The wavelength dependencies for skin cancer (SCC) and photoageing (elastosis) have been determined in hairless mouse models (de Gruijl, 1995; Kligman and Sayre, 1991) and these studies have shown action spectra similar to that for human erythema (CIE, 1998; Young et al, 1998). Figure 2 shows the action spectra for human erythema and non-melanoma skin cancer (SCC) (CIE 1998, 2000) and it can be seen that these are very similar, especially in the solar UVB and UVA-II (315-340nm) ranges. Thus, one might conclude that erythema, primarily caused by UVB, can be regarded as a surrogate risk factor for SCC and photoageing. There is no animal model for UVR-induced BCC.

Sunburn, an important risk factor for melanoma, has therefore implicated UVB in its pathogenesis (Wang et al, 2001). The incidence of melanoma, as well as BCC and SCC, is very high in xeroderma pigmentosum (XP) with defective excision repair of UVB-type DNA damage, e.g CPD. The wavelength dependency for melanoma however is not yet established because of the lack of a good animal model (Noonan et al, 2003). Melanomas have proved extremely difficult to induce by UVR alone in mice. Wavelength dependency has been determined in a fish model (Xiphophorus) (Schartl et al, 1997) the value of which is limited because its melanoma- like lesions arise from the dermis instead of the epidermis and fish are phylogenetically very different from humans. Studies in these fish however showed that visible and UVA radiation, as well as UVB (Setlow et al, 1993) induced lesions that raised concern that UVA might be causal for human melanoma as well or instead of UVB. A mammalian opossum model also developed melanoma-like lesions after broad-band UVA exposure but with low potency compared to broad-band UVB (Robinson et al, 2000). A mouse model was described in 2003 (the hepatocyte growth factors/scatter factor transgenic mouse) in which melanomas with a strong epidermal component were induced (Nonnan et al, 2003). Neonatal UV irradiation was necessary and sufficient to induce melanoma although adult irradiation increased the number of lesions. In 2004 the same group reported studies using the mouse in which UVB but not UVA induced melanoma, providing perhaps more persuasive evidence that UVB exposure is causal rather than UVA (De Fabo et al, 2004).

Studies of somatic mutations in a variety of genes have been reported in the search for evidence to support a role for UVB exposure. Genes such as p53 have, however, failed to show the characteristic UVB signature C to T transitions and CC to TT mutations, providing additional concern that UVB may not be the only causal waveband. Recently, mutations in BRAF (downstream of RAS) were found in a majority of naevi and melanoma. The dominant point mutation (T1796A) is not characteristic of UVB radiation, but this does not exclude a causal role for UVR (de Gruijl, 2003).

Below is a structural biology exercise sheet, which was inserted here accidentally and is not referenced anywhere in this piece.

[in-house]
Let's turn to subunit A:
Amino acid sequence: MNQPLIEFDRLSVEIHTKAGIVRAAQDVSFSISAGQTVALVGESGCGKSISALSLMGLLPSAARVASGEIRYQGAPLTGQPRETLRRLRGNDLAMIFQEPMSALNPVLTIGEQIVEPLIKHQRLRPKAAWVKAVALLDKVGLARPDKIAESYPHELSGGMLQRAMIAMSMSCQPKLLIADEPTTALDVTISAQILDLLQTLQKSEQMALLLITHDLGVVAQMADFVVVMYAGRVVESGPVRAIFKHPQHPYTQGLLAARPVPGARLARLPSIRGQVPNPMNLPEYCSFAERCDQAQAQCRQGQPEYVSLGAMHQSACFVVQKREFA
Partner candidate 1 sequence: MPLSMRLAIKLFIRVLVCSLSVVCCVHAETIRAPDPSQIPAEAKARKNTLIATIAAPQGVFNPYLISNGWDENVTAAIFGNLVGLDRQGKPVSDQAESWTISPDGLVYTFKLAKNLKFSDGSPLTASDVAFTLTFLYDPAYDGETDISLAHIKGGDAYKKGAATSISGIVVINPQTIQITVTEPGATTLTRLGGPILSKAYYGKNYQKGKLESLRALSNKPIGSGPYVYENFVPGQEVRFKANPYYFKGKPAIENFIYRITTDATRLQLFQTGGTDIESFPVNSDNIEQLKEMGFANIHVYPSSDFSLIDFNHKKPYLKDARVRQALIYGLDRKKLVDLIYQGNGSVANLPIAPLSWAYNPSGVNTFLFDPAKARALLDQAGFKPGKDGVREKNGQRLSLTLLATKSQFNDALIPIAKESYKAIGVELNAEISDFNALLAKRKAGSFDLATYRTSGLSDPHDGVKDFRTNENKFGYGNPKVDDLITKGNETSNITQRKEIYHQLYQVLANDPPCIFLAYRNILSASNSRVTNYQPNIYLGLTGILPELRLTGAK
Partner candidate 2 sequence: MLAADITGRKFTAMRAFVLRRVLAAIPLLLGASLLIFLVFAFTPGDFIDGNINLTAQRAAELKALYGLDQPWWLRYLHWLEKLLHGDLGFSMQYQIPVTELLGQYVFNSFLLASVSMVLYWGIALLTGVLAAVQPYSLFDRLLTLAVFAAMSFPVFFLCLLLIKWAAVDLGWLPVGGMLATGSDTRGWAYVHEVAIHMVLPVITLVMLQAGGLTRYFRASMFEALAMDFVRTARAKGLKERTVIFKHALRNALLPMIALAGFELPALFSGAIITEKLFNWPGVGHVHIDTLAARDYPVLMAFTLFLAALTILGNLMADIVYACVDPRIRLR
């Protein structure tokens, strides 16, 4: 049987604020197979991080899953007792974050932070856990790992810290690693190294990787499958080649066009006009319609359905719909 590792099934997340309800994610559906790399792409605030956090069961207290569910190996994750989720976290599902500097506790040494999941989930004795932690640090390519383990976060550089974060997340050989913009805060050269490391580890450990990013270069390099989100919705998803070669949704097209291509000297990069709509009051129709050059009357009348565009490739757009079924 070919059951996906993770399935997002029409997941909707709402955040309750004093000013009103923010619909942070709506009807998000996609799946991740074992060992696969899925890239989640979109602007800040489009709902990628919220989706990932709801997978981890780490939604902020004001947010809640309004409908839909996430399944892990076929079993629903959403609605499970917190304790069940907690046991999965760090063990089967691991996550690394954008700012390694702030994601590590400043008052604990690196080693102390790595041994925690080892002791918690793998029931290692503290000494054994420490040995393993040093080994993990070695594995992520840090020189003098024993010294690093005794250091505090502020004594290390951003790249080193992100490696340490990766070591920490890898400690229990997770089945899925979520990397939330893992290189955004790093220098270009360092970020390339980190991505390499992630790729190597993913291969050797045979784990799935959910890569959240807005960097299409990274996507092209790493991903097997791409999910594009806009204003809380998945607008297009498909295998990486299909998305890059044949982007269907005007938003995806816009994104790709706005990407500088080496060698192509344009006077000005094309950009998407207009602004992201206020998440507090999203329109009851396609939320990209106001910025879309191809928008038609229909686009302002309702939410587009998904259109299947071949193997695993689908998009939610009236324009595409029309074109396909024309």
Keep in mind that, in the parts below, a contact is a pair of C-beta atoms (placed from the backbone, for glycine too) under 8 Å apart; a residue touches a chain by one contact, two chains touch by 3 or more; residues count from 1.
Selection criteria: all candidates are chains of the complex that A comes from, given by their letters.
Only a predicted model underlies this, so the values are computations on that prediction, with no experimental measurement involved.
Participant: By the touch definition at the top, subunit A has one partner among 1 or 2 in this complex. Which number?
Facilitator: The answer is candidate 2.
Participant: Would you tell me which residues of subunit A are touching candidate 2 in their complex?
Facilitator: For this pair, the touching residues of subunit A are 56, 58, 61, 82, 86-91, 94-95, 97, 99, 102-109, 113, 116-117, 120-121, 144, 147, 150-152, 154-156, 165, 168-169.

It is more difficult to determine UVA induced mutagenesis because DNA does not significantly absorb UVA at doses obtained with solar exposure. It is thought that UVA induced mutagenesis is mainly mediated by photosensitising reactions that generate reactive oxygen species. In one system it was suggested that T to G transversions are typical of UVA induced damage (Drobetsky et al, 1995) but in another G to T transversions were seen as well as small tandem base deletions (Pfeifer et al, 2005). There is no consensus on UVA signature somatic mutations in tumours. Furthermore, it is possible that UVA may have an indirect adverse effect on the micro-environment in the dermis and dermo-epidermal junction by inducing growth factor release which may have a proliferative effect on melanocytes (Brenner et al, 2005).

In summary, UVB is likely to be the main cause of photoageing and SCC. Sunburn, a marker for excessive UVR exposure, is a risk factor for melanoma. UVB is the main cause of sunburn but this does not necessarily mean that it is the prime cause of melanoma, the spectral dependence of which remains unknown. The conservative approach is to restrict UVB and UVA exposure in susceptible phenotypes until wavelength dependency is established. UVC exposure is unlikely to cause acute or long-term damage to the skin but can cause severe acute damage to the eye and should not be permitted at all from any tanning device.

Source & ©: SCCP "Opinion on Biological effects of ultraviolet radiation relevant to health with particular reference to sunbeds for cosmetic purposes (2006)"  3.2(b), p.13